Wines made from chenin blanc, such as the one I discovered last week, can be more memorable than most chardonnays or sauvignon blancs, even if the grape isn’t as well known or appreciated.
I was reminded of this when a friend and I walked into a well-known New York wine bar and asked the bartender what she would recommend by the glass. We were in the mood for some interesting whites, not too heavy on the oak.
Out came a bottle of Chablis and another of Saint-Veran, both relatively simple French chardonnays named after their respective towns in the north and south of Burgundy. We took a taste of each. Not bad, but not distinctive, either, at least not these examples.
Then there was a third wine, a chenin blanc that turned out to be full of depth and character. It, too, was from France, from the village of Savennières in the Loire Valley. If you haven’t heard of it, I’m sure you’re not alone. Yet in Savennières, which is a much smaller area than the better known chenin-producing area of Vouvray, the grape finds perhaps its greatest expression.
Domaine du Closel’s 2002 “Clos du Papillon” Savennières is one of the more distinctive white wines I’ve tasted recently. While young by Savennières standards — some can develop for decades — the Clos du Papillon is a beautifully ripe but dry sipping wine with notes of apple, honey and apricot and touches of orange and vanilla. Almost golden in color, it has pronounced minerals, reflecting the ground’s deep schist and volcanic rock. Beyond aperitif duty, it will match well with lightly herbed chicken and fish.
As always when I find an outstanding wine, I wanted to know just what makes it so good. Some perspective came from the importer, Louis/Dressner Selections, whose Web site () points out that the Clos du Papillon is from “one of the top sites in Savennières, so named because the plot’s shape resembles a butterfly. The picking is usually late (October) and done in several consecutive passes in the vineyards so as to maximize the ripeness levels.”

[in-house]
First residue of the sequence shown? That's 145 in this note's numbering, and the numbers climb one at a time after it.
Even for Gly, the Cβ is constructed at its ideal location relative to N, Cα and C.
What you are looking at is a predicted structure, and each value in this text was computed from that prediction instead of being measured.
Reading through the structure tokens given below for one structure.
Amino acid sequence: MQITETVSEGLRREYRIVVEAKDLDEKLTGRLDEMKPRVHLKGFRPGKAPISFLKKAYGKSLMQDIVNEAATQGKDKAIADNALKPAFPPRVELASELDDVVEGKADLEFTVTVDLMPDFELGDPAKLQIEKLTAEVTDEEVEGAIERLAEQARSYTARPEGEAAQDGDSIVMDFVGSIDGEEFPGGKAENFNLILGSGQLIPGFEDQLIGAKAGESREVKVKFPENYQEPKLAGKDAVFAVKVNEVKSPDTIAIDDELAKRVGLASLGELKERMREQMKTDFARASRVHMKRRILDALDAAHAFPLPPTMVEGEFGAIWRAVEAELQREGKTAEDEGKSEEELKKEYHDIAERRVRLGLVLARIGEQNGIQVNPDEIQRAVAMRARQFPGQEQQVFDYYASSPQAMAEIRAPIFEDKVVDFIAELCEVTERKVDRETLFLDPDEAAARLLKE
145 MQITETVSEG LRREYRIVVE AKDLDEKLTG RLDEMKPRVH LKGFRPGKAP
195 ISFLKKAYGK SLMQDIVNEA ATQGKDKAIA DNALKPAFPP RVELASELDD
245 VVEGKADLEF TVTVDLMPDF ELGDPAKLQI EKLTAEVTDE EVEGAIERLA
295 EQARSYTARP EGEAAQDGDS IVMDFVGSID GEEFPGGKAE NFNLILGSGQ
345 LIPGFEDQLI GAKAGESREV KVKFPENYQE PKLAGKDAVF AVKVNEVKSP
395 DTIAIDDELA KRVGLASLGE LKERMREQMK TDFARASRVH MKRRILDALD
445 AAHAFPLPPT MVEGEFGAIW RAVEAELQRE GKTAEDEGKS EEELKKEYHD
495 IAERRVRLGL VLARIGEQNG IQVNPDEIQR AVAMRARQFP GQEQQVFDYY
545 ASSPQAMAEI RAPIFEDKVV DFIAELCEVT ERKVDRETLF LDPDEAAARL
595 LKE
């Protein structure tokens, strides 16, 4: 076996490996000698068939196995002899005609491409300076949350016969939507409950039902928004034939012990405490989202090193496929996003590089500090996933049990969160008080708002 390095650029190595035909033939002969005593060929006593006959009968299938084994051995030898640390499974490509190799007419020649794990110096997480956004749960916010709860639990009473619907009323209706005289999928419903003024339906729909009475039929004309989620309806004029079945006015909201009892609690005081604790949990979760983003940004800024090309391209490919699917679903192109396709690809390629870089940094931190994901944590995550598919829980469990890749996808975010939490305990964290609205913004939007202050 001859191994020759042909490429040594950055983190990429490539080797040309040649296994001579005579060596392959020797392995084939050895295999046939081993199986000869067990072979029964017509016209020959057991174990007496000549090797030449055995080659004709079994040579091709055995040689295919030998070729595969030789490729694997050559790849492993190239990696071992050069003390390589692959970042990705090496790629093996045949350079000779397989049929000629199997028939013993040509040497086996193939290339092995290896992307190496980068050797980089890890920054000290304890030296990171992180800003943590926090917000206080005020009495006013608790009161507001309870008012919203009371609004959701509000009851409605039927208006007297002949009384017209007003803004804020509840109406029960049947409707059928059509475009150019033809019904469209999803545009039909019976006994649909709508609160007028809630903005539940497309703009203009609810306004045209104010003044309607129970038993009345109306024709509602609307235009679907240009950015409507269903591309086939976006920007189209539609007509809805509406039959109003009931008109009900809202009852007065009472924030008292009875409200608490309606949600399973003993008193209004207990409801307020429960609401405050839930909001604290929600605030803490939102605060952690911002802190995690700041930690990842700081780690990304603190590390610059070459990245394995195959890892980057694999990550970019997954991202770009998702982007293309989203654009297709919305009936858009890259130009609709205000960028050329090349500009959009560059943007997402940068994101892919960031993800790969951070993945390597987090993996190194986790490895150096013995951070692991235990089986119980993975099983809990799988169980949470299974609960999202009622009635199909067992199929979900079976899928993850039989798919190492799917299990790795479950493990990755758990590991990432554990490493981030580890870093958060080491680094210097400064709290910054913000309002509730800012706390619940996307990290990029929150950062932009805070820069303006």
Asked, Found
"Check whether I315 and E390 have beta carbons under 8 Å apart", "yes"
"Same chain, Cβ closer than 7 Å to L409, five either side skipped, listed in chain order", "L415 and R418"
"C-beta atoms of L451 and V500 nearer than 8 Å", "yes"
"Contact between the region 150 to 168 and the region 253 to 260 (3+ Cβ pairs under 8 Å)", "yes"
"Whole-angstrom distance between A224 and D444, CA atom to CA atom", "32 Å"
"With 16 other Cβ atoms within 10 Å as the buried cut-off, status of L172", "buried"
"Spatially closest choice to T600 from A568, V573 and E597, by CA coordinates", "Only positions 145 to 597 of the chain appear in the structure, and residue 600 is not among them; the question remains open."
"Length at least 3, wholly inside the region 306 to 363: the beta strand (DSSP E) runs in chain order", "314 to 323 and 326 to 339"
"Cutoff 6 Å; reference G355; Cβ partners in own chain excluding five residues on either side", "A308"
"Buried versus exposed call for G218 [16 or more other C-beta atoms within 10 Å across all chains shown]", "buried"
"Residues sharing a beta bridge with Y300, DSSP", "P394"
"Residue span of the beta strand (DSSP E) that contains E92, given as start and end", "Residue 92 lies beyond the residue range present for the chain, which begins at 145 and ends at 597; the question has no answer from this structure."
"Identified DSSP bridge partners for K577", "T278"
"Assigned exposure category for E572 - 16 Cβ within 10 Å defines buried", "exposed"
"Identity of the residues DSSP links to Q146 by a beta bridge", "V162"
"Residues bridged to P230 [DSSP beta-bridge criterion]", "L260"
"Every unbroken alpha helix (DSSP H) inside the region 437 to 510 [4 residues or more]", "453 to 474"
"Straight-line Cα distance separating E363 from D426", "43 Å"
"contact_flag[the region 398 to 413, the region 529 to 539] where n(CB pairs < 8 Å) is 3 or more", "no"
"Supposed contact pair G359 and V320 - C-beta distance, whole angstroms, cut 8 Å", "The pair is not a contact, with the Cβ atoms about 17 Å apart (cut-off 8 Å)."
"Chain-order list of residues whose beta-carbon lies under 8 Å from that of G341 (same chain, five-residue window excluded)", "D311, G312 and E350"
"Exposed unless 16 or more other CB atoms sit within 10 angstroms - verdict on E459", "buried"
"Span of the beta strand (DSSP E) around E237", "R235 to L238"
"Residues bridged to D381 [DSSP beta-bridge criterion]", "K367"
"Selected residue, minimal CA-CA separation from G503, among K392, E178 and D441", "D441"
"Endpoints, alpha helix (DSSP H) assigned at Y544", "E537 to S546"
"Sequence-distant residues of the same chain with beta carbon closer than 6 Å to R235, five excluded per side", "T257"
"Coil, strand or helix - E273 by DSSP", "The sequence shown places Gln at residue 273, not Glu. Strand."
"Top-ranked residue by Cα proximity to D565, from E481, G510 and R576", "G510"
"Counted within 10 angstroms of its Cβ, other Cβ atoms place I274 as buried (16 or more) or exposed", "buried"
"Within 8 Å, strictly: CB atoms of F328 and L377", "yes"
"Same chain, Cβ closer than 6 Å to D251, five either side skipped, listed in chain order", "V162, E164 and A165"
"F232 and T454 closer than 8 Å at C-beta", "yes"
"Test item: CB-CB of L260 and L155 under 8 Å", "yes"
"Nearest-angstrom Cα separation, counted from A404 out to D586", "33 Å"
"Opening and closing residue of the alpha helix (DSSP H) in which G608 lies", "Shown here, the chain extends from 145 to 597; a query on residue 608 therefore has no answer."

Joe Dressner reminded me that 2002 had ideal growing conditions “with sun through the harvest.” He called it a “classic great vintage” and noted that Domaine du Closel’s current proprietor, Evelyne de Jessey (three generations of women have run the vineyard), has moved toward higher levels of ripeness in the fruit and rounder, fuller wines.
It all adds up to something delicious and complex. It’s also priced well at about $24 retail (a far better value than the wine bar tab of $12 a glass). In any event, in a world of increasingly cookie-cutter wines with little to distinguish one from the next, Domaine du Closel’s 2002 “Clos du Papillon” is lovely and original.
Bin End: Under the heading of the inevitable comes word of the "Sideways Wine Club." Brought to you by Twentieth Century Fox Licensing and Merchandising, it seeks to capitalize on the success of "Sideways," the Oscar-winning buddy movie set in Santa Barbara County's wine regions. Wines sold by the club will be categorized as "Jack’s Favorites," "Maya’s Favorites" and "Miles’ Pinots" after the film’s main characters. Looks like the cheaper stuff goes under Jack’s name.
Edward Deitch's wine column appears Wednesdays. Write to him at EdwardDeitch